My experience is that very few individuals like the blankets for sleep.  Many complain that they are too hot under them.  Others don’t like the feeling of having them on.  Some move about so much that they never really stay under them for very long.  If using there is a general recommendation of maximum blanket weight of ten percent of the individual’s body weight.  The blanket should lay on top of the bed, rather than drape over the sides (again to avoid trapping and restriction).

How to use weighted lap pads, shoulder pads and animals

Weighted lap pads and animals are designed to sit on top of a child’s lap.  These can be great for children who have poor proprioceptive awareness, as it gives them extra feedback about where they are.  This can decrease their fidgeting and also help them to stay in their space, especially on the floor.  They can also be used with small children instead of a blanket when lying down.  Some children like the feel of animal ones as well, and this helps them to regulate.  They are a good addition to most classrooms.

Weighted shoulder pads are designed to sit on the child’s shoulders.  If I am honest I have personally never had much luck with these.  It’s hard to get them to fit well on the shoulders.  Some children don’t like the feel of the pad on their neck.  The snake shaped animals can work better as they conform around the neck and shoulders.  A larger lap pad can also be folded in half long ways and drape them over the shoulders for mostly the same effect.

What about weighted vests?

Weighted vests are designed to be worn over the top of clothing.  These can work better than shoulder pads, as they don’t fall off.  Again, they can be helpful for some children but not others.  You must ensure the vest is the right size and weight for the child.  Some children also prefer the squeeze vests / bear hugs rather than weighted vests.  If there is a likelihood the vest will be thrown, then the weight free ones are also a better option.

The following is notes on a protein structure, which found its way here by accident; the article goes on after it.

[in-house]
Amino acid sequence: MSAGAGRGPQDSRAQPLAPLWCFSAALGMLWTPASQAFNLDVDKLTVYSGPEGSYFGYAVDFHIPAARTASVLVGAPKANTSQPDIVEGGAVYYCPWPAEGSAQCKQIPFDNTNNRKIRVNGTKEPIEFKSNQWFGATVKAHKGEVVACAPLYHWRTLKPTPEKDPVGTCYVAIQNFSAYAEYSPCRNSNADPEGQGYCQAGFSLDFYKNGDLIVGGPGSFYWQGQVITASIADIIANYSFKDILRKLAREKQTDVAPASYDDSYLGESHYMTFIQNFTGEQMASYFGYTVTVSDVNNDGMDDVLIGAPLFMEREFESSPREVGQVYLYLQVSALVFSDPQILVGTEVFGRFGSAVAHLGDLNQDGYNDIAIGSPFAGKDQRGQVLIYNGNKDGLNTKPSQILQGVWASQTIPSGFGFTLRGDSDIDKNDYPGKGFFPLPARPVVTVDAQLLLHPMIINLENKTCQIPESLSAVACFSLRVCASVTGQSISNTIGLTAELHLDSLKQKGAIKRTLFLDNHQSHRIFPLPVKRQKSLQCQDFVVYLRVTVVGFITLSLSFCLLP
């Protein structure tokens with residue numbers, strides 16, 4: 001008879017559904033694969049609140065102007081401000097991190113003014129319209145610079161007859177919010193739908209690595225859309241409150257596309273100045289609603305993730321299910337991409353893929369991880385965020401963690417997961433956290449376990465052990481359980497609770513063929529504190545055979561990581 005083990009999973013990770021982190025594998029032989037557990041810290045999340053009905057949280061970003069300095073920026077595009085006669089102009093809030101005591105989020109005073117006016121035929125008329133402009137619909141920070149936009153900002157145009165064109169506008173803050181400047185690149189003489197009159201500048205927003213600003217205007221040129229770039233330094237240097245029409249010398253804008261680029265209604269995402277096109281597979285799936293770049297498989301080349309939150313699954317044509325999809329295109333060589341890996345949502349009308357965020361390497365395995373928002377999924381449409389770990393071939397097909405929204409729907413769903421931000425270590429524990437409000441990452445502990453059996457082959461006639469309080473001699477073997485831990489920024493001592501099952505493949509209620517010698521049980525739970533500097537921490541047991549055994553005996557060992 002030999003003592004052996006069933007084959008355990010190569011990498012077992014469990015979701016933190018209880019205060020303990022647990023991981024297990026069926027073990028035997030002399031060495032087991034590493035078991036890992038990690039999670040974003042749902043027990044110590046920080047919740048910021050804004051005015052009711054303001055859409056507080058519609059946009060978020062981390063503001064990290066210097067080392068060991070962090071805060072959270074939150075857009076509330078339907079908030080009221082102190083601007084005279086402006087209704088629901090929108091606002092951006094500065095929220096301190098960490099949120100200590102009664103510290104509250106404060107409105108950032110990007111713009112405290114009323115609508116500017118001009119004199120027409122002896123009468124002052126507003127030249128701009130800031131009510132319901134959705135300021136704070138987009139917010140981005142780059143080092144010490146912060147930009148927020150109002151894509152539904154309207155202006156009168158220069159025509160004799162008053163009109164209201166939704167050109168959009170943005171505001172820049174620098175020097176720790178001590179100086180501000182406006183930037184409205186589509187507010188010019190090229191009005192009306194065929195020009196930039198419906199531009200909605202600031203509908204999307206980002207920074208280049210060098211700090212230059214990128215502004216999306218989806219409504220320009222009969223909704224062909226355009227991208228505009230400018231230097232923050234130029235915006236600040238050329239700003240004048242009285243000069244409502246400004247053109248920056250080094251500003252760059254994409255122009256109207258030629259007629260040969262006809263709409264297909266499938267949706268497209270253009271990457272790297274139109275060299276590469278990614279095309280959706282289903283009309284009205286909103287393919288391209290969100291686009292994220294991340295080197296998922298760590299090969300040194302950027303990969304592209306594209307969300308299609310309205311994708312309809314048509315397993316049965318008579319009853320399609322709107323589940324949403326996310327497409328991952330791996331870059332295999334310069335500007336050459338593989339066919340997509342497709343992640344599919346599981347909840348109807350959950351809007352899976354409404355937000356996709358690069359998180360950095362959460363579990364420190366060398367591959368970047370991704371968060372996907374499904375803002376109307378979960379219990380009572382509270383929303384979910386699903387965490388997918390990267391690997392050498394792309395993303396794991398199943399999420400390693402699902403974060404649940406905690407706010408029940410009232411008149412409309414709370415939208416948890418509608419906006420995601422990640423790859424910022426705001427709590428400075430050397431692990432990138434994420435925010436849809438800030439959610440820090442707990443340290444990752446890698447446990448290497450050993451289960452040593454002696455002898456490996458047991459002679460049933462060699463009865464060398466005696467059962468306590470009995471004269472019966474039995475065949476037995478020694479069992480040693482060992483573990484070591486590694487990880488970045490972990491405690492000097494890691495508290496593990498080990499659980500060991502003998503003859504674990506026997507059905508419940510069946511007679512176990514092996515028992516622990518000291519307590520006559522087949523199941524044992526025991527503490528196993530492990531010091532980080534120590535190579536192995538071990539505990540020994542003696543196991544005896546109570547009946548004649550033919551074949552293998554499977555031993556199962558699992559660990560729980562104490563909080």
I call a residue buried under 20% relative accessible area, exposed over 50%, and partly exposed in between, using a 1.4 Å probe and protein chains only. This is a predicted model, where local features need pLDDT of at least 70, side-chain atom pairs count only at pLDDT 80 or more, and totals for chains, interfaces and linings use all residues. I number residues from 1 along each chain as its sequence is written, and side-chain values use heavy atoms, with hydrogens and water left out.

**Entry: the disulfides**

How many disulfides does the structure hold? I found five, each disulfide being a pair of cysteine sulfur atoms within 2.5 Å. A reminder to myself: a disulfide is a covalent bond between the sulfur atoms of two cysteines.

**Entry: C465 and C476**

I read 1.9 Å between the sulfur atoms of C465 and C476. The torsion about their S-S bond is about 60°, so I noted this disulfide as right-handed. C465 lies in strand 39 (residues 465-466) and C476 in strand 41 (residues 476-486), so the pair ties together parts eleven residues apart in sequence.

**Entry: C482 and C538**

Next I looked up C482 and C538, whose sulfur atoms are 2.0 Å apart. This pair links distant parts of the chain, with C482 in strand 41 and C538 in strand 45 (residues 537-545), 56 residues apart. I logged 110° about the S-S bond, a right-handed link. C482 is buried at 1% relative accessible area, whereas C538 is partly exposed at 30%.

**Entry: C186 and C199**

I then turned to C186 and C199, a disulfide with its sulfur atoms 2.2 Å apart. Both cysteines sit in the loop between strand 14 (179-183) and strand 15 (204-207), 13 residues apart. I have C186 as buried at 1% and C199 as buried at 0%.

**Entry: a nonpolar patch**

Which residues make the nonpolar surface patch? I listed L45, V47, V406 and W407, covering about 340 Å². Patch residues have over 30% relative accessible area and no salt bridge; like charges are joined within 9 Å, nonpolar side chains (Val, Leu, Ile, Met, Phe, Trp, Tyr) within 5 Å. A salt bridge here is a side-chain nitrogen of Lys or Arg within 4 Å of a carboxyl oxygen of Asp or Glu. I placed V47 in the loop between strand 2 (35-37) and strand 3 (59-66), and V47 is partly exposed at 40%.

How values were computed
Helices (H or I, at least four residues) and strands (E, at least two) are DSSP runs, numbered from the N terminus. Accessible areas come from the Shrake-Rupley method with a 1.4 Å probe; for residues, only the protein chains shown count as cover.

It is also important to consider the child’s overall mobility and joint stability when using these.  If a child has very low tone, i.e. they are quite floppy; a weighted vest may not be the best solution for them.  The squeeze vests are likely a better option.  You should seek guidance from your occupational therapist.

In conclusion

Weighted products can be a useful sensory strategy, for some individuals.  It’s important to make sure they are used safely and monitored well.  If you are every unsure you should check with your occupational therapist for further guidance.  If you want to learn more about using sensory strategies, these are discussed in Level 2&3 of the GriffinOT online sensory training.

Finally, you must always remember that they won’t be a magic bullet for everyone.  At the end of the day the best thing to do is to test before you buy and to see what works for our own child or the individual you’re supporting.

Further guidance:

This guidance document, which Kim contributed to, published by the Royal College of Occupational therapists gives a quick summary of the current evidence and recommendations.

Other Articles You Might Be Interested In

dog chewing a stick
tactile sensitivity griffnot
boy with sensory bubble tube text sensory processing disorder training

Join Our Community